- Maintain awareness of the adverse weather location, its evolution (laterally and vertically) and of the possible deviation routes. A controller may be alerted to the presence of adverse weather by a variety of sources including: radar observations, adjacent ATS units, MET office reports, unit briefings and reports from pilots. Being constantly aware of any ongoing deviations and flight crews’ intentions should provide precious time for separation of affected nearby traffic.
- Develop strategies – the executive (radar) and planner controller should develop strategies and practice mutual crosschecks of the current, planned and intended weather avoidance actions.
- Provide timely information to and coordinate with the adjacent sectors of any deviations which will affect them.
- Pro-actively seek information regarding traffic which is likely to enter own sector.
- Request any necessary details from the flight crews on the planned avoiding actions i.e. heading(s) on which the aircraft will be flying, as well as the estimated duration and/or the distance the aircraft will proceed on the heading(s).
- Provide extra room for manoeuvring, if in doubt that the traffic could request further deviation provide extra space for separation, issue instructions for flight level change as necessary, provide traffic information, as necessary.
- Inform pilot if weather avoidance will take pilot outside controlled airspace and offer an appropriate service.
- Provision of sufficient number of controllers during periods with forecasted severe convective weather.
- Use of weather radars/ weather displays to enhance information provided to controllers.
- Use SIGMETS and associated weather forecasts to improve prediction of sector loading.
- Train controllers to deal with weather during live training; use simulator training to build in more resilience in controllers’ skills.
- Provide a periodic refresher course to OPS supervisors.
- Consider adoption of a generic checklist for OPS supervisors.
Weather Avoidance Decision Support Systems
It is generally agreed that decision support tools may be instrumental in the management of convective weather avoidance scenarios in congested airspace. Such tools will use the weather forecasts to estimate the impact on ATC provision and consequently suggest air traffic management strategies.
In research funded by NASA Ames Research Centre, the MIT Lincoln Laboratory has developed an en-route Convective Weather Avoidance Model that outputs three-dimensional weather avoidance fields. “The probabilistic Weather Avoidance Fields identify regions of airspace that pilots are likely to avoid due to the presence of convective weather” (for details see Further Reading).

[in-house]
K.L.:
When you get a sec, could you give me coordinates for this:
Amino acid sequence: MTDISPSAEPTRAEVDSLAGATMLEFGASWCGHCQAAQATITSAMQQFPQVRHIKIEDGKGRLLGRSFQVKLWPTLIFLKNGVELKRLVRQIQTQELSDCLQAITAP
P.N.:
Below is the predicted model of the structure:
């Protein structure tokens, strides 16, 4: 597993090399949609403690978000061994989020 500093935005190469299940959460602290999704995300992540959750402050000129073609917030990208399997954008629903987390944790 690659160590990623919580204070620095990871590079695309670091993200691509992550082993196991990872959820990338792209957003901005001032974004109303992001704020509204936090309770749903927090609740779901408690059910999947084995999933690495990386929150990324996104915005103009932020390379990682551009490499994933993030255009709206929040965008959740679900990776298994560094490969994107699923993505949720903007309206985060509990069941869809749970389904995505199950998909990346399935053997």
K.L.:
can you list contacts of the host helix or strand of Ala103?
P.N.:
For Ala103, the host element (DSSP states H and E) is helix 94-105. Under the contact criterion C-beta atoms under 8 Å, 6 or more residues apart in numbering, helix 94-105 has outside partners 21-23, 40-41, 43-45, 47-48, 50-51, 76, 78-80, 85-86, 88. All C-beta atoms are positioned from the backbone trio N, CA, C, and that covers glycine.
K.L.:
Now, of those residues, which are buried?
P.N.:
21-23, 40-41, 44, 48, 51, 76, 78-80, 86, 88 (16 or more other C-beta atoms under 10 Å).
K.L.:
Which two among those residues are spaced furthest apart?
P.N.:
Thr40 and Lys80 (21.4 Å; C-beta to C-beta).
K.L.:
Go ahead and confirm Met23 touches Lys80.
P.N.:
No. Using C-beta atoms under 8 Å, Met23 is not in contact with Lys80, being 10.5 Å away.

The concept for the future trajectory-based operations is that it will be necessary to automatically generate flight trajectories through or around convective weather that pilots will find acceptable.
NATS Flight Deck Procedures Video
There will be times when controllers will have to cope with unusual situations such as weather avoidance or aircraft emergencies. It is important for controllers to have knowledge of the flight deck procedures that will be used by aircrew in such situations. The following video describes the generic procedures followed by aircrew in certain unusual situations:
- SMART Wx Regulation Task Force WP1: Collaborative best practices for handling of adverse weather at European Aerodromes, EUROCONTROL, March 2021
- Green Paper on the gains for the European ATM Network of aligned weather impact management, EUROCONTROL, September 2013
- Severe weather risk management survey, EUROCONTROL, April 2013
- UK AIC: P 056/2010, "The Effect of Thunderstorms and Associated Turbulence on Aircraft Operations", 12 Aug 2010
- Air Traffic Management Decision Support During Convective Weather, Mark E. Weber, James E. Evans, William R. Moser, and Oliver J. Newell
- Modelling Convective Weather Avoidance in Enroute Airspace, R. DeLaura et al. (MIT Lincoln Laboratory), 2008
- CAP 493 - Manual of Air Traffic Services Part 1: UK CAA. Section 1, Chapter 6: "Weather Avoidance".